Why are horseshoes considered lucky? Apparently there are several myths about the luck of horseshoes.
The most commonly told story that I found was from the 10th century. Apparently the Archbishop of Canterbury also moonlighted as a horseshoer. One late night, as he was forging, a cloven-footed Satan appeared at the door and demanded that his shoes be repaired. The Archbishop Dunstan fearing the wrath of the demon, agreed.
With the leg of Satan lashed to his anvil, he made a demand of the Prince of Darkness. His demand was that Satan never menace a house that had a horseshoe nailed over the doorway. Satan agreed and apparently has stuck to the deal to this day. The tale continues with the instruction to mail the horseshoe with the open end up preventing the luck from running out.
The above photo is of what I call my “Wall of Fame”. This is the wall in our informal dining area off our kitchen and has photos of our most recent Thoroughbred Racing wins. There are also horseshoes nailed to the wall — the shoes are from our first two horses, Dress Blues and Tonight at Eleven.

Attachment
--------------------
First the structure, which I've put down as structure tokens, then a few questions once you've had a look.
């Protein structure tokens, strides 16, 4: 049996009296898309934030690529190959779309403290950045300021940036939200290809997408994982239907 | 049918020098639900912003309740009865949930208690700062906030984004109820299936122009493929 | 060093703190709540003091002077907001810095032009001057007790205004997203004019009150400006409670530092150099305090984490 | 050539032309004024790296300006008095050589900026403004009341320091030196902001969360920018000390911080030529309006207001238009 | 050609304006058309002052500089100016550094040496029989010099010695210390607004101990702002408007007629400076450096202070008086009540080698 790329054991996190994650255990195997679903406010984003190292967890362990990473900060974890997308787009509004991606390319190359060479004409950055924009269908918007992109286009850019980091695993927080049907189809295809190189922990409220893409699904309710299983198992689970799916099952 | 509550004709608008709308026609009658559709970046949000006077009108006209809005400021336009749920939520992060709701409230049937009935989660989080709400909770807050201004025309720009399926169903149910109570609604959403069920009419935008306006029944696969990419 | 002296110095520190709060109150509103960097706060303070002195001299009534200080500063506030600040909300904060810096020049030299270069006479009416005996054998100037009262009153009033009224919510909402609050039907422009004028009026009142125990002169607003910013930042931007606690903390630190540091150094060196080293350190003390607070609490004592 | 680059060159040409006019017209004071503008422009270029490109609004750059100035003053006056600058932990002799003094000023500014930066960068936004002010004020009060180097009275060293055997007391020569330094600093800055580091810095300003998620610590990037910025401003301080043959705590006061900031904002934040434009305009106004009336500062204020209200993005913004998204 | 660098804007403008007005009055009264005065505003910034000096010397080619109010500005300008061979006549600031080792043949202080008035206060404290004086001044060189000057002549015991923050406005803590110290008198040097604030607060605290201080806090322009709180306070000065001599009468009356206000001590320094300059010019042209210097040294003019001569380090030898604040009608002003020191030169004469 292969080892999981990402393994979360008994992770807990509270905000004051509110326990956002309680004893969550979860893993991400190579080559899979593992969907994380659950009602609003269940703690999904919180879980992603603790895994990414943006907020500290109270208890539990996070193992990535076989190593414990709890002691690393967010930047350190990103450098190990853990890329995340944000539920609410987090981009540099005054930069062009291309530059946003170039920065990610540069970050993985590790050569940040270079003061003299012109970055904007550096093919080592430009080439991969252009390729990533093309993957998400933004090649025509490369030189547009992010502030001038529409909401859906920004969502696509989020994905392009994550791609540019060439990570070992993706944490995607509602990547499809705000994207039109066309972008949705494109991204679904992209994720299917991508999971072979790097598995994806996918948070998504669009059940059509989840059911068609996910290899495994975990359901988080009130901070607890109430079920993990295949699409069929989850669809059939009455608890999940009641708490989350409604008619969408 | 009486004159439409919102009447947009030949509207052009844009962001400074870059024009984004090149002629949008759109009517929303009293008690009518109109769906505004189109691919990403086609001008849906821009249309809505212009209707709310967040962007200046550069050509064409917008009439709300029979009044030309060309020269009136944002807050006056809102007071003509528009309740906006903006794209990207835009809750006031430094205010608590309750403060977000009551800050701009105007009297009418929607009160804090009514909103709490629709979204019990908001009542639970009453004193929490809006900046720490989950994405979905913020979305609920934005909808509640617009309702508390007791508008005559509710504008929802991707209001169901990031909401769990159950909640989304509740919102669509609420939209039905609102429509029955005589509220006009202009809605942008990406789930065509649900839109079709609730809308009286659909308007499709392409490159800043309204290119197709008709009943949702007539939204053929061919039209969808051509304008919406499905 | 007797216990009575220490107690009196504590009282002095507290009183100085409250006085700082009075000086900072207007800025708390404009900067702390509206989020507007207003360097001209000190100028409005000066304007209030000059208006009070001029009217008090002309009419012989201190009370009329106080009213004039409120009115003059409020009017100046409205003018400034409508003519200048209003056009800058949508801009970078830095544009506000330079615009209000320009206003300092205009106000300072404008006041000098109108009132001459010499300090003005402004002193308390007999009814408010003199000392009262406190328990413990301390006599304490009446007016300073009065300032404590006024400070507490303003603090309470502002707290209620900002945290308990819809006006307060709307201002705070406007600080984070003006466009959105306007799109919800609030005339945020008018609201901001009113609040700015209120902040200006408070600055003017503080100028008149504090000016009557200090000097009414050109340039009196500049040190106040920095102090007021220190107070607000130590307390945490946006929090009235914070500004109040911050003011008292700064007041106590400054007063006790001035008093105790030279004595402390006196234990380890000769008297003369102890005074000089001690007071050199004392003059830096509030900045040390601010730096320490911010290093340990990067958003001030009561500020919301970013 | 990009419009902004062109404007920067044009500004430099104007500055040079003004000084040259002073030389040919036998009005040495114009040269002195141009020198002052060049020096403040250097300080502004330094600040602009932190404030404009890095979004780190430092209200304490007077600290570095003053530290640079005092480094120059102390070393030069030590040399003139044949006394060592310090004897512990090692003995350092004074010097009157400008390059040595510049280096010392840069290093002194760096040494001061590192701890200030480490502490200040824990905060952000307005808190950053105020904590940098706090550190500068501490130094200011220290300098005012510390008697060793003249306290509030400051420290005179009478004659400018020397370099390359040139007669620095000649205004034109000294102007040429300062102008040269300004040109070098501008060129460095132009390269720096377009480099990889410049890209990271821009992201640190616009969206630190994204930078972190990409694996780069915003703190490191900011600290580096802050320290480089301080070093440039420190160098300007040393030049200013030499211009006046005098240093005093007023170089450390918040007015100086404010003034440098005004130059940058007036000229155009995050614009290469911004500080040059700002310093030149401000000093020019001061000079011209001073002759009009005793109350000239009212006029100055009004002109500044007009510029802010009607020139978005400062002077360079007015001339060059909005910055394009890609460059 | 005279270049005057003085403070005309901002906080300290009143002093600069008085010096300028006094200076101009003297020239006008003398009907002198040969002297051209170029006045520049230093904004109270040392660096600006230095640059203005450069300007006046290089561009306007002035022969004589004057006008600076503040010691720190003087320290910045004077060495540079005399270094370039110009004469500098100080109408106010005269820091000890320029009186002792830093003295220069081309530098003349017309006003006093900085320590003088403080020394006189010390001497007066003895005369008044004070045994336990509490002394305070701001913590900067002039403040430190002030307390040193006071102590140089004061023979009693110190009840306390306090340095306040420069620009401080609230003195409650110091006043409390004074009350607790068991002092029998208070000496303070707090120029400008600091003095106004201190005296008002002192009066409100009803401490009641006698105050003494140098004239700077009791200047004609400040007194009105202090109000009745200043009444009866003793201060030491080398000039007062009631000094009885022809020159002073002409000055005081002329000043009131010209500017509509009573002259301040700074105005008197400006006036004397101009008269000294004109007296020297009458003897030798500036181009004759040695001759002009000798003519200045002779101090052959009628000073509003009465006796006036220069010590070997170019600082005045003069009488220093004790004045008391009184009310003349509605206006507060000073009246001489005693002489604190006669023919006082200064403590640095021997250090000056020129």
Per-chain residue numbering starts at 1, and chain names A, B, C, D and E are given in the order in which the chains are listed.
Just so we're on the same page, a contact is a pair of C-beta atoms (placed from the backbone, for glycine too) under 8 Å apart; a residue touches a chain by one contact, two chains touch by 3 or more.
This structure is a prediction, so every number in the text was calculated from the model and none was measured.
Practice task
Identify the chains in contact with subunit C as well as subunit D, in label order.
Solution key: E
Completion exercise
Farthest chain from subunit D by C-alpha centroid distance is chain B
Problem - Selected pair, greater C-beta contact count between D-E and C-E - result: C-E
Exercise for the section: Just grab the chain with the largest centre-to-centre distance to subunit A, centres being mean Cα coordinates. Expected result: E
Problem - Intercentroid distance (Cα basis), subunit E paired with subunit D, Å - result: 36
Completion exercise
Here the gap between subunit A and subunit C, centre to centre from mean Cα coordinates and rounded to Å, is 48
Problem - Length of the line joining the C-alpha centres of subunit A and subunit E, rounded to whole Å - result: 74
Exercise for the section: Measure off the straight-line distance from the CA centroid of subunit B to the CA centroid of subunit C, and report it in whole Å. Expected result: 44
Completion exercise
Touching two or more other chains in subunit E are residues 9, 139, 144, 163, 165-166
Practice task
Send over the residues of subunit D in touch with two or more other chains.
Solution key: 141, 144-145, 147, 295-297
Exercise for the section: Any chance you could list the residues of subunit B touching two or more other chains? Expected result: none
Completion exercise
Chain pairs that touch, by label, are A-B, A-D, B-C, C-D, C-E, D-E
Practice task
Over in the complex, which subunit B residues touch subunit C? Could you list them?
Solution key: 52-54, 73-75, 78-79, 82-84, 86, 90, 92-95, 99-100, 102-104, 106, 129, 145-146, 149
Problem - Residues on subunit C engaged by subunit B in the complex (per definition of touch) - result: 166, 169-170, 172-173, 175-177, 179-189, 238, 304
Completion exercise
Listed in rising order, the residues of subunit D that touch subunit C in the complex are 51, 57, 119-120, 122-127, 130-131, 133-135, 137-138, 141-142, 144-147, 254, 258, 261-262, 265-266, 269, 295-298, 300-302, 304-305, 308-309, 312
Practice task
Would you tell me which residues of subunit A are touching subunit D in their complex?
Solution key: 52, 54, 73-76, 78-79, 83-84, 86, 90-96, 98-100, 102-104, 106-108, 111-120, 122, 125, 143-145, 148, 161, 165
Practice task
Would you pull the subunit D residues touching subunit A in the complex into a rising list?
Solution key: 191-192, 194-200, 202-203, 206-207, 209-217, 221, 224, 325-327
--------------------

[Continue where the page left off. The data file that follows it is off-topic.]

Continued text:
One important thing that I read about the horseshoe superstitution is that the horseshoes have to be used, not new and shouldn’t be purchased. They need to either be found or be a gift.
We’re still in the Thoroughbred Racing business so either the horseshoes are working for us or its just that we have an exceptional trainer, Drew Fulmer and some pretty special horses.